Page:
There may still be value here. The fluids division has a current run rate of about 10 mil in EBIT vs. the enterprise value of 100 mil. As mentioned there is a LOI to purchase the steel manufacturing division, but not the distribution part of the steel pipe division. Though management was confident both would go in the sale. Depending on the price, we could see some cash freed up for further fluids expansion and a re-rate in the company valuation to peer level. Even though the top line is extremely seasonal, I am holding my small position until there is some more color on the steel pipe division sale.
Sangoma Technologies (STC.v)
- 23-25% of total assets in cash
- 25-29% of total assets in accounts receivable
- 17-18% of total assets in inventory
- former CEO owns 20% of company
- current CEO (from Q2 2011 until present) owns very little
- transitioning from old legacy product to new products. split between revenue 50-50
- CEO made it apparent that top line growth is priority 1
- revenue is lumpy
- small player in a large market
- at the very least they have been break even from a cash flow standpoint over the last few years if you just include maintenance capex
They actually took a large write-down since I purchased shares, but it was all Intangibles and Goodwill, so my margin of safety was never compromised. I continue to hold and might even add as I think the lumpiness in revenue has the market spooked. But they are slowly executing on transitioning to more and more “new products” and with 65% gross margins, there is quite a bit of operating leverage.
What seems to be a large disconnect between investors and management in the land of asset based investments is timeframe. The CEO should be looking out several business cycles and making strategic business decisions based on all sorts of inputs. What levers to pull are more important than the markets current perception of the organization. Investors (generally) want to make a quick buck. They seem to be more interested in liquidating or putting lipstick on a pig to sell to an institution. Which isn’t a bad thing per se, it’s just a different set of priorities. The CEO is losing his source of income and I don’t think it would look good on his/her resume or LinkIn profile to say that the last job was something that was pressured to break up or liquidate because even after 10 years at the helm, the company was worth more dead than alive.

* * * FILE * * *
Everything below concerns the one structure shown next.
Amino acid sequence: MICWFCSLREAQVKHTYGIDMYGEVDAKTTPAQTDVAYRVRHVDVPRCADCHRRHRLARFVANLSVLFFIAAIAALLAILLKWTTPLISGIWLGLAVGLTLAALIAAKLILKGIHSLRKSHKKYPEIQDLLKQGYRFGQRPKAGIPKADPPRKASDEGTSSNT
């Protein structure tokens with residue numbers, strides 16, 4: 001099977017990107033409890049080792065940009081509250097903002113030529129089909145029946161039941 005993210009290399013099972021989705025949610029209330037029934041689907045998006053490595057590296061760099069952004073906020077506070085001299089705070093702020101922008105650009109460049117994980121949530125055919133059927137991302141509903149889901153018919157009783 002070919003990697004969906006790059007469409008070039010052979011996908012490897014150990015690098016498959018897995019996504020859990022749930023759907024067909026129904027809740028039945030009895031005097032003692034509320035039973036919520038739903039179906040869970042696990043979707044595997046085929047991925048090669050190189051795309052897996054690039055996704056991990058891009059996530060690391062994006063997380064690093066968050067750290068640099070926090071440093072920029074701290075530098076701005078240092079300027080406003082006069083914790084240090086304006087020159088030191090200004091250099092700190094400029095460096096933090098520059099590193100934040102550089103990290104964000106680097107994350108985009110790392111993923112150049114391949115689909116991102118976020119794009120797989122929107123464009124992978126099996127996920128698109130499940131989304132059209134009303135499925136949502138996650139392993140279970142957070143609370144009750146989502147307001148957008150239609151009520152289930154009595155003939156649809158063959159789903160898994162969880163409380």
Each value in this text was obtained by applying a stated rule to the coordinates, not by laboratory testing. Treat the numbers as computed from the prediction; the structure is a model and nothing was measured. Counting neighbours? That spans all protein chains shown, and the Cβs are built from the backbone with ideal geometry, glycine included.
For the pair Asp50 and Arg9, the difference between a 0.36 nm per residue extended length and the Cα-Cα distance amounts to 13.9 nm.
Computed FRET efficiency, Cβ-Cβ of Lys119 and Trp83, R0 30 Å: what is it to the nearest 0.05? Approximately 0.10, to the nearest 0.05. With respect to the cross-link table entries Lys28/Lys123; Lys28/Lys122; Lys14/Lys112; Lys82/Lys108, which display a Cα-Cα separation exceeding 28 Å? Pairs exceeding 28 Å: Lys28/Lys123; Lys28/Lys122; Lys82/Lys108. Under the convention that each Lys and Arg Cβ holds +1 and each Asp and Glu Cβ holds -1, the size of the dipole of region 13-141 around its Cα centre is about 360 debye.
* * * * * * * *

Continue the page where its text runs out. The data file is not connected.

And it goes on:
Many times these net-nets are family controlled and have been in the family for several generations. They are more precious to this family than a 1963 Corvette in mint condition. It’s their legacy.
So whether it’s right or wrong to try and cherry pick net-nets, I will be at least putting even more time to do some detailed research on them. I should note that I haven’t mentioned all net-nets I have interacted with, but just pointed out 4 examples of what you could be getting yourself into if you purchase a net-net.
So far I would like to see at least:
- growing sales or at least flat sales
- some cash position (preferably the largest current asset)
- no cash burn from operations
Anyone have any thoughts on net-nets they would like to share?